It is necessary to globally rethink society's closeness to the elderly. Much needs to be reviewed in the care system for the elderly. The institutionalization of the elderly in nursing homes, in every country, has not necessarily guaranteed elderly people, especially those who are weaker, better conditions of care. A serious rethinking is needed not only in relation to residences for the elderly but for the entire care system of the numerous elderly population that today characterizes all societies. Pope Francis recalled that we won’t emerge from the pandemic as we were before: either we will be better or we will be worse. That depends on us, on the way we start building our future today. This Note - the third issued by the Academy in relation to the pandemic - aims to help build a new future for the elderly in society.
It is the Church’s responsibility to take on a prophetic vocation pointing to the dawn of a new time. We cannot fail to commit ourselves to a deep vision able to guide the care of the third and fourth age. We owe it to our elders, to all those who will become so in the years to come. The level of civilization of an era is measured by the way we treat those who are weaker and more fragile. The death and suffering of the oldest cannot fail to be a call to do better, to do differently, to do more. We owe it to our children, to those who are young and at the beginning of life: educating to the life of the Gospel also means teaching that weakness - even that of the elderly - is not a curse but a way to encounter God in the face of Jesus Christ. Through the eyes of the Gospel frailty can become a strength and an instrument of evangelization.
Within a new and evolving world, the Church, teacher of life, will have to increasingly reinterpret its vocation to be a role model and a beacon for many families and for society as a whole so that aging people are supported and helped in their stay at home and in any case they are never abandoned.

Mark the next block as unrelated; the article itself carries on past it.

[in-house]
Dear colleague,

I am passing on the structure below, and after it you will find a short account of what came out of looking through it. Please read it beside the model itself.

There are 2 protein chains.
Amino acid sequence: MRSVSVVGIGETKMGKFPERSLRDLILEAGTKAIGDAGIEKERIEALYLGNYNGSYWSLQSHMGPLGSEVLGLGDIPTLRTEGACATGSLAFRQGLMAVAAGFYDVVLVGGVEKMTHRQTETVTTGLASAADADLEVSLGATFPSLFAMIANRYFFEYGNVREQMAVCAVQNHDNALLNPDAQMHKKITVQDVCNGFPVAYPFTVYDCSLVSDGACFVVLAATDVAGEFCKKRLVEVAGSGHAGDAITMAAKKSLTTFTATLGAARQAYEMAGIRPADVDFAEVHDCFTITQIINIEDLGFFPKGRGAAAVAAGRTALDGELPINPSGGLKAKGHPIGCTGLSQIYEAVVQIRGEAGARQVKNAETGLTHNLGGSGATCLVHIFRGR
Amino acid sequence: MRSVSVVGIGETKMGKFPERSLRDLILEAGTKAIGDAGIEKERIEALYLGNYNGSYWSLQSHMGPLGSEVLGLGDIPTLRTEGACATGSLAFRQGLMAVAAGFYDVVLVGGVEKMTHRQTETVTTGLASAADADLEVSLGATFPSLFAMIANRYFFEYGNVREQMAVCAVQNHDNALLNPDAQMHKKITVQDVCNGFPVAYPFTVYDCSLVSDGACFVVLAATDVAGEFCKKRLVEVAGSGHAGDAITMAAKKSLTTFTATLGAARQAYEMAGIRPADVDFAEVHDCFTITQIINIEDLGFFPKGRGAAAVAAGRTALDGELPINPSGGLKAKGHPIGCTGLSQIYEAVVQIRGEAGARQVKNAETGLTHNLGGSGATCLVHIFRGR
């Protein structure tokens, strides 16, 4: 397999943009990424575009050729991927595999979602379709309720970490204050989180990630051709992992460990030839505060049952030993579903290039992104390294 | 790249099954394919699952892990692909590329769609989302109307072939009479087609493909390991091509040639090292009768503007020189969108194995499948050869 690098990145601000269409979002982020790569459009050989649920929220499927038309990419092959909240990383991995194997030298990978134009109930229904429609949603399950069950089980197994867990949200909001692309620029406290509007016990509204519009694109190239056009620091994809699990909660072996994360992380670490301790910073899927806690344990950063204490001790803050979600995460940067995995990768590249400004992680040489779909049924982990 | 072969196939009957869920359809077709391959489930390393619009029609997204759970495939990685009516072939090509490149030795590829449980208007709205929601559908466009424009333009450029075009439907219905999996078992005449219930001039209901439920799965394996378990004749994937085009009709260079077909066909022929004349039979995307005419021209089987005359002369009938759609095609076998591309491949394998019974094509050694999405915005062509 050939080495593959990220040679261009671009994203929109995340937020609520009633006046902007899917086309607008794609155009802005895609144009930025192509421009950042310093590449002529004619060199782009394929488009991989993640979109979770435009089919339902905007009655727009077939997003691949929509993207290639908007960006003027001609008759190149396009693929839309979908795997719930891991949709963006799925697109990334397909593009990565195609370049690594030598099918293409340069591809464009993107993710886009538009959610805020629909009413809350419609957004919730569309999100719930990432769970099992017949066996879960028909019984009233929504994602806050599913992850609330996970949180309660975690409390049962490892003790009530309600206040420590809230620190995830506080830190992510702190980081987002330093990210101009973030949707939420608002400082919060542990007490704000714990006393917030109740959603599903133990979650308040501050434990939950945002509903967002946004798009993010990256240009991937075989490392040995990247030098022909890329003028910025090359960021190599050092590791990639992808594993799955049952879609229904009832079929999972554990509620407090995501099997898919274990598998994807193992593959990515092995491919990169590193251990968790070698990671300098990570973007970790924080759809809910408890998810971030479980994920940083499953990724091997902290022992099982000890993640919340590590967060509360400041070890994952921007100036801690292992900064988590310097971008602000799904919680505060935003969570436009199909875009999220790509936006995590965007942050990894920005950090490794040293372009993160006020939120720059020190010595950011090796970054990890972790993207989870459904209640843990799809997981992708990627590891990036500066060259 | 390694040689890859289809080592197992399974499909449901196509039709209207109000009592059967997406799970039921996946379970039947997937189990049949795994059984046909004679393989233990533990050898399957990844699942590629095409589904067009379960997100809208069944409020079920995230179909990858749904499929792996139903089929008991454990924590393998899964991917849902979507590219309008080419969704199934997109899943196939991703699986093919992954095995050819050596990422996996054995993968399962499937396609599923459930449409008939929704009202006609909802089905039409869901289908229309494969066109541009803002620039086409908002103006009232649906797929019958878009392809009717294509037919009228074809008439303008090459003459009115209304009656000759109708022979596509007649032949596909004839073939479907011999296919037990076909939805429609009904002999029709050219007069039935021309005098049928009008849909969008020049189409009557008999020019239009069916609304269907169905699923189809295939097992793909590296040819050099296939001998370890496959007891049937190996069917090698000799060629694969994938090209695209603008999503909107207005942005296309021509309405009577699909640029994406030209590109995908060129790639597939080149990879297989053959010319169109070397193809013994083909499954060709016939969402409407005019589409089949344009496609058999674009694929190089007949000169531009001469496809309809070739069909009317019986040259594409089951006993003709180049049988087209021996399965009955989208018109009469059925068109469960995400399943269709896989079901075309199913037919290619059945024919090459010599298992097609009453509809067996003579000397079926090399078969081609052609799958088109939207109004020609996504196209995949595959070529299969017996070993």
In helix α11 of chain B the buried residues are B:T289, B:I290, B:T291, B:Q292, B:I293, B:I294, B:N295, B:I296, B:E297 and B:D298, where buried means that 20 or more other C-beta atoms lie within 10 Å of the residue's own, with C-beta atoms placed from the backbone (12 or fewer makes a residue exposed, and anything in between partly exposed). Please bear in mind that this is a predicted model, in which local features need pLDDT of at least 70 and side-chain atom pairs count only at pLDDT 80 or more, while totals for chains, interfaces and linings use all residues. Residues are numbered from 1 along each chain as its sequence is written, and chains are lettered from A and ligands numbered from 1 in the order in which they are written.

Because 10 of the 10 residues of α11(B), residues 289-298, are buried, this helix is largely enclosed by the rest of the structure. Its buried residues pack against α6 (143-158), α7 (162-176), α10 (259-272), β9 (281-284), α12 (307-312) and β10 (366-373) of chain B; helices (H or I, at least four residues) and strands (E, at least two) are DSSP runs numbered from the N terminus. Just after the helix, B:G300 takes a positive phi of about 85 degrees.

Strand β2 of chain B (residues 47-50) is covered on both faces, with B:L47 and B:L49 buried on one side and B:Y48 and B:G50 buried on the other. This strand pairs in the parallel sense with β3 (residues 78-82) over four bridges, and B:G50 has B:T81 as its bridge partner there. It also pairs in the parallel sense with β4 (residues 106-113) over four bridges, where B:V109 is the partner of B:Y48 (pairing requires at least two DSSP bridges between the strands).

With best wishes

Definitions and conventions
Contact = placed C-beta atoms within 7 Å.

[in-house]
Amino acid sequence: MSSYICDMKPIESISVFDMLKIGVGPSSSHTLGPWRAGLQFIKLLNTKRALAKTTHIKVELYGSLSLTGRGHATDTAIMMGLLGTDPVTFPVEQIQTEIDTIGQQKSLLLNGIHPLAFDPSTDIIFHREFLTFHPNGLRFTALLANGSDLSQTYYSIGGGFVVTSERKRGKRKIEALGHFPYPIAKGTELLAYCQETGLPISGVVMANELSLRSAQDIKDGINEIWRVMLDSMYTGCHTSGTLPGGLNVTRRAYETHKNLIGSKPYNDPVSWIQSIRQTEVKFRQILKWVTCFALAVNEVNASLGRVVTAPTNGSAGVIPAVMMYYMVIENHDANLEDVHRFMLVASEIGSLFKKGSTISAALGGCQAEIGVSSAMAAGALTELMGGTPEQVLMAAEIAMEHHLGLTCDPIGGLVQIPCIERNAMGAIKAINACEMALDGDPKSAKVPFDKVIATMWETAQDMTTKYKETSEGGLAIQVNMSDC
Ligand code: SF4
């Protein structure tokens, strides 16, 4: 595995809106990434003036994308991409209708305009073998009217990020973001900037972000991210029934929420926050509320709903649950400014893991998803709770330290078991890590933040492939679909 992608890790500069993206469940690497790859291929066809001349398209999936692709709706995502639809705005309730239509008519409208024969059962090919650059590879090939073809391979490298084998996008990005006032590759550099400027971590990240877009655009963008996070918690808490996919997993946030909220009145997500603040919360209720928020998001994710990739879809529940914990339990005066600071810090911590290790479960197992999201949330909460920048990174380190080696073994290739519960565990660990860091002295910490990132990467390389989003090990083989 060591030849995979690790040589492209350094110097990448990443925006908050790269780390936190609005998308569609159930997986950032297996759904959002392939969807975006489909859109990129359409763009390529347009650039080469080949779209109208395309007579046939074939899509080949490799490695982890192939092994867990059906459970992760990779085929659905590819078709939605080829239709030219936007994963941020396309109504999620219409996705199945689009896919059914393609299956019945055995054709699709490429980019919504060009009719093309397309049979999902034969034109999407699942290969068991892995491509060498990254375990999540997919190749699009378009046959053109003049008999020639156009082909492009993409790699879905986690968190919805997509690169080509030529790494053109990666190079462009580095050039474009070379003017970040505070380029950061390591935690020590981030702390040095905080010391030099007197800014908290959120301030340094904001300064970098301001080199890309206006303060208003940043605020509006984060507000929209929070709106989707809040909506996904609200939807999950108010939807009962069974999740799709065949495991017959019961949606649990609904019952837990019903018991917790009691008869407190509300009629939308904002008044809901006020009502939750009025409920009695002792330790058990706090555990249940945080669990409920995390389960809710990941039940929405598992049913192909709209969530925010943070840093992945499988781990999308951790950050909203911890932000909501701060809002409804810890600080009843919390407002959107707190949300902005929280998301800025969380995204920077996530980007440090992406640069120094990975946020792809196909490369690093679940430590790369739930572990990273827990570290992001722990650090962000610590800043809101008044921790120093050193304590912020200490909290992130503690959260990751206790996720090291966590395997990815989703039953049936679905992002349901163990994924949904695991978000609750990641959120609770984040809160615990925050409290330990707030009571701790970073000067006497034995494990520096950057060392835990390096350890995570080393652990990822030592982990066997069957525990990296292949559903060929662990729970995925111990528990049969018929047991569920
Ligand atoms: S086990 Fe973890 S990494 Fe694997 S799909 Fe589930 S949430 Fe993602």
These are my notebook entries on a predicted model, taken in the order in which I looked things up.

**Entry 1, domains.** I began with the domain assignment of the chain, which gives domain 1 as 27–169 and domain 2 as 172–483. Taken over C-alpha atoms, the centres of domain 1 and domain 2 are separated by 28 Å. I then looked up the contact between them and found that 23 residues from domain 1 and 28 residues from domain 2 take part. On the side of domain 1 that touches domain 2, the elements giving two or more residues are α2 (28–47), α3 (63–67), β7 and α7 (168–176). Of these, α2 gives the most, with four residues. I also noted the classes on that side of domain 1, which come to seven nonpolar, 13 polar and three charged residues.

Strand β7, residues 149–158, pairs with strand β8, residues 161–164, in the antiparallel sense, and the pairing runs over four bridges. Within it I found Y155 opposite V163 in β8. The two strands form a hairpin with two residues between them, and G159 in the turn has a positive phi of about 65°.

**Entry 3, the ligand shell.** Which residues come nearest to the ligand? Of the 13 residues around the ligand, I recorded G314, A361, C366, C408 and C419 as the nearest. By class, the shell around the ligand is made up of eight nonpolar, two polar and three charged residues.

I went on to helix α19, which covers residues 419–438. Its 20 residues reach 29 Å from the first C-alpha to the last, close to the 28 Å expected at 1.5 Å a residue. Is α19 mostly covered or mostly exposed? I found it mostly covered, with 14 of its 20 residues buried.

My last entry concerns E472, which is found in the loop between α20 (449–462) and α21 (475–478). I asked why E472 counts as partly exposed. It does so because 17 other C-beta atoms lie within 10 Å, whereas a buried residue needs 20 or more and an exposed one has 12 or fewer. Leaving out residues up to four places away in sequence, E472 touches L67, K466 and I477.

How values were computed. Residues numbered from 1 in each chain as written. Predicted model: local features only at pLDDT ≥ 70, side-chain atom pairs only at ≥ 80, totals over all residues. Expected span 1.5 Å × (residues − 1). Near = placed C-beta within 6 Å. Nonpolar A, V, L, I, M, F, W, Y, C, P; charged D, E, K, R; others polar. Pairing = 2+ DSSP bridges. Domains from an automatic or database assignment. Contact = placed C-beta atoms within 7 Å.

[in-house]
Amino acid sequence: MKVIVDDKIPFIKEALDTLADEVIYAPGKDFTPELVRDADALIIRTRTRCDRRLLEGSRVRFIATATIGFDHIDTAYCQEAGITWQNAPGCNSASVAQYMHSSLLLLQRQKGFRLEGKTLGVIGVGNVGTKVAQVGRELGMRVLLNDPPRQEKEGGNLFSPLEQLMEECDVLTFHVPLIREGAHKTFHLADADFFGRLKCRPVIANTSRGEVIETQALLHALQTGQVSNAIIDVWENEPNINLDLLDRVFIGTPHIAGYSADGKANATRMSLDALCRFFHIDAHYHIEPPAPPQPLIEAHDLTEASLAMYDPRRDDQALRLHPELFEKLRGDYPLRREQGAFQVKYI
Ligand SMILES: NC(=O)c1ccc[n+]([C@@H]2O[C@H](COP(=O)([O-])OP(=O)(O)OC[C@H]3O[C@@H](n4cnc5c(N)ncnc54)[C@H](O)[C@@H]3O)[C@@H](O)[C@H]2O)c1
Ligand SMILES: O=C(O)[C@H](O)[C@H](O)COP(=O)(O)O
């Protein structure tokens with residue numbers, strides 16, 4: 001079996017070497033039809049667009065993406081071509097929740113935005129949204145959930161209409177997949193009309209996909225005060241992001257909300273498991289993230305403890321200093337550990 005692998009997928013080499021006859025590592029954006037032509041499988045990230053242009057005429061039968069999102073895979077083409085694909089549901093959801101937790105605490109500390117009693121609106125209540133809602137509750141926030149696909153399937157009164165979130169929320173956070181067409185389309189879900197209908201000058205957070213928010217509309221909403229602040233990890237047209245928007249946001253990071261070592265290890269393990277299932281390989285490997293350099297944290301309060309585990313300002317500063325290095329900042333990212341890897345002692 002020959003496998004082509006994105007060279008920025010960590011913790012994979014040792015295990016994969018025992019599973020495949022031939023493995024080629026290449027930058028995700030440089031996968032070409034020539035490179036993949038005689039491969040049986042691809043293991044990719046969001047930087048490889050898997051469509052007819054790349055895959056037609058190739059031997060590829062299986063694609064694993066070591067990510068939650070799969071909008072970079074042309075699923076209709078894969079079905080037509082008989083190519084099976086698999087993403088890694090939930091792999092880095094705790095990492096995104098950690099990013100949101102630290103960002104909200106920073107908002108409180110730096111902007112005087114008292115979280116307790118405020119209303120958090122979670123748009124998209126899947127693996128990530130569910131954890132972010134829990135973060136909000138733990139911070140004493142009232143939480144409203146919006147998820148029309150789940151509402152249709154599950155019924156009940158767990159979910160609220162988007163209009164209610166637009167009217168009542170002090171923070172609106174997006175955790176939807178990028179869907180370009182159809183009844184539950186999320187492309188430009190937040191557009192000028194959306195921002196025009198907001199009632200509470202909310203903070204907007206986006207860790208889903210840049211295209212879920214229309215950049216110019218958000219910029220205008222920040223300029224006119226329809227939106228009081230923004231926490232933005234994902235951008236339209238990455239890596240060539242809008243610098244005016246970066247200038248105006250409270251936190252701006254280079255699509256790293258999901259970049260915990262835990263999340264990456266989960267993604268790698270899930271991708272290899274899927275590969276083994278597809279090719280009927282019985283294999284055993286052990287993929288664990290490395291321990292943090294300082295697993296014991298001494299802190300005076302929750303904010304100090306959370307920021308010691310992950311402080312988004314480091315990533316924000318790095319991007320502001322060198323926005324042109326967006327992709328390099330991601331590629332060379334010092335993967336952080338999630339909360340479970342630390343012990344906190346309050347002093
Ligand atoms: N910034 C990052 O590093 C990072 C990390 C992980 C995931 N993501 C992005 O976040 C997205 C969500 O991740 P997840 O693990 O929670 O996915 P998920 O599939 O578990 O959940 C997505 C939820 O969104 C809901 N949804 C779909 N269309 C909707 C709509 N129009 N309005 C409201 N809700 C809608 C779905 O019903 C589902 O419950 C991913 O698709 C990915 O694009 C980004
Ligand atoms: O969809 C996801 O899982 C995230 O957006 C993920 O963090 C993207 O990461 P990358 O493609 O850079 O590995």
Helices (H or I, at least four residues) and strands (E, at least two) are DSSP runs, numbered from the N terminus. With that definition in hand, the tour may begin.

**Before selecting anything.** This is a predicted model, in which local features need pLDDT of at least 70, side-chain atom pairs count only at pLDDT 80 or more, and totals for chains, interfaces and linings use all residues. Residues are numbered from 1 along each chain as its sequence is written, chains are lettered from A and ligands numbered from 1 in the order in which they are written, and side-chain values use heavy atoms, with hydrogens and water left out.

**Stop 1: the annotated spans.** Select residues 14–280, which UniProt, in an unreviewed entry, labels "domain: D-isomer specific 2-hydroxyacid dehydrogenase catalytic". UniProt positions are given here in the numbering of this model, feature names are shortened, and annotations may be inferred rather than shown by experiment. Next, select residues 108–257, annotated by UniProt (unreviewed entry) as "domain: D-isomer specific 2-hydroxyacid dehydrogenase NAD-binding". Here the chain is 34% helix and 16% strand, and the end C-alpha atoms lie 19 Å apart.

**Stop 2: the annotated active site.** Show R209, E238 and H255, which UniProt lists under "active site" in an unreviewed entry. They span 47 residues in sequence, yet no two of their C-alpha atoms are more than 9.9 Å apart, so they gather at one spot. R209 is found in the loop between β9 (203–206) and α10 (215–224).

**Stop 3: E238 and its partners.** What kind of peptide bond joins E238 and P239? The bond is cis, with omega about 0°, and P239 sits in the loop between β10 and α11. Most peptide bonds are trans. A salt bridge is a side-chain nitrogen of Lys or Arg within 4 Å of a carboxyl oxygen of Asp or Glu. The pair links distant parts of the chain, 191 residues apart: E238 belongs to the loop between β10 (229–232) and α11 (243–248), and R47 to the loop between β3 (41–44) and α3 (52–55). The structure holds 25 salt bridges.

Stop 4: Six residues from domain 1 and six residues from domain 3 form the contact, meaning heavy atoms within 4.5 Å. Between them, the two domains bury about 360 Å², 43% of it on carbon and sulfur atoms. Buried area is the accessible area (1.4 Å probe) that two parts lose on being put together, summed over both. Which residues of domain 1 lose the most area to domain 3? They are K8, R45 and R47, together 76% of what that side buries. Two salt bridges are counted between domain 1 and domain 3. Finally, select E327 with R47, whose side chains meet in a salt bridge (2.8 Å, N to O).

Intervention of Msgr. Bruno-Marie Duffé
In His Apostolic Exhortation “Cristus vivit”, following the Synod of Bishops on young people, vocation and discernment, the Holy Father recalls the testimony of a young auditor of the Synod itself, from the Samoa Islands.
This young man, says the Holy Father, speaks of the Church as a “canoe, in which the elders help keep the course by interpreting the position of the stars and the young people row hard by imagining what awaits them further on”. (Cristus vivit, 201).
This beautiful comparison of the Church as a canoe can also be applied to society. For if, as we progress along the often tumultuous river of our history, we lose the advice of our elders, we risk losing our memory. And by losing memory, we also lose hope (cf. the book "The wisdom of time - in dialogue with Pope Francis on the great questions of life" - edited by Antonio Spadaro, Venice, 2018) (Cristus vivit, 196).
The elderly are our memory and, consequently, they are, paradoxically, our hope. If we draw on their experience and their discoveries, we can continue the adventure of human history. Indeed, with memory, hope is possible. The paradox, then, is this: the elderly are always one step ahead. They have already passed through the places we are passing through and can tell us what certain experiences we are having for the first time will produce.
It is clear that each person must walk his or her own path, because, as St Augustine says, 'the path exists only because you walk it'. The path is, therefore, the parable of human existence, but we are never alone along the way: the elderly can advise us and the younger ones can encourage us.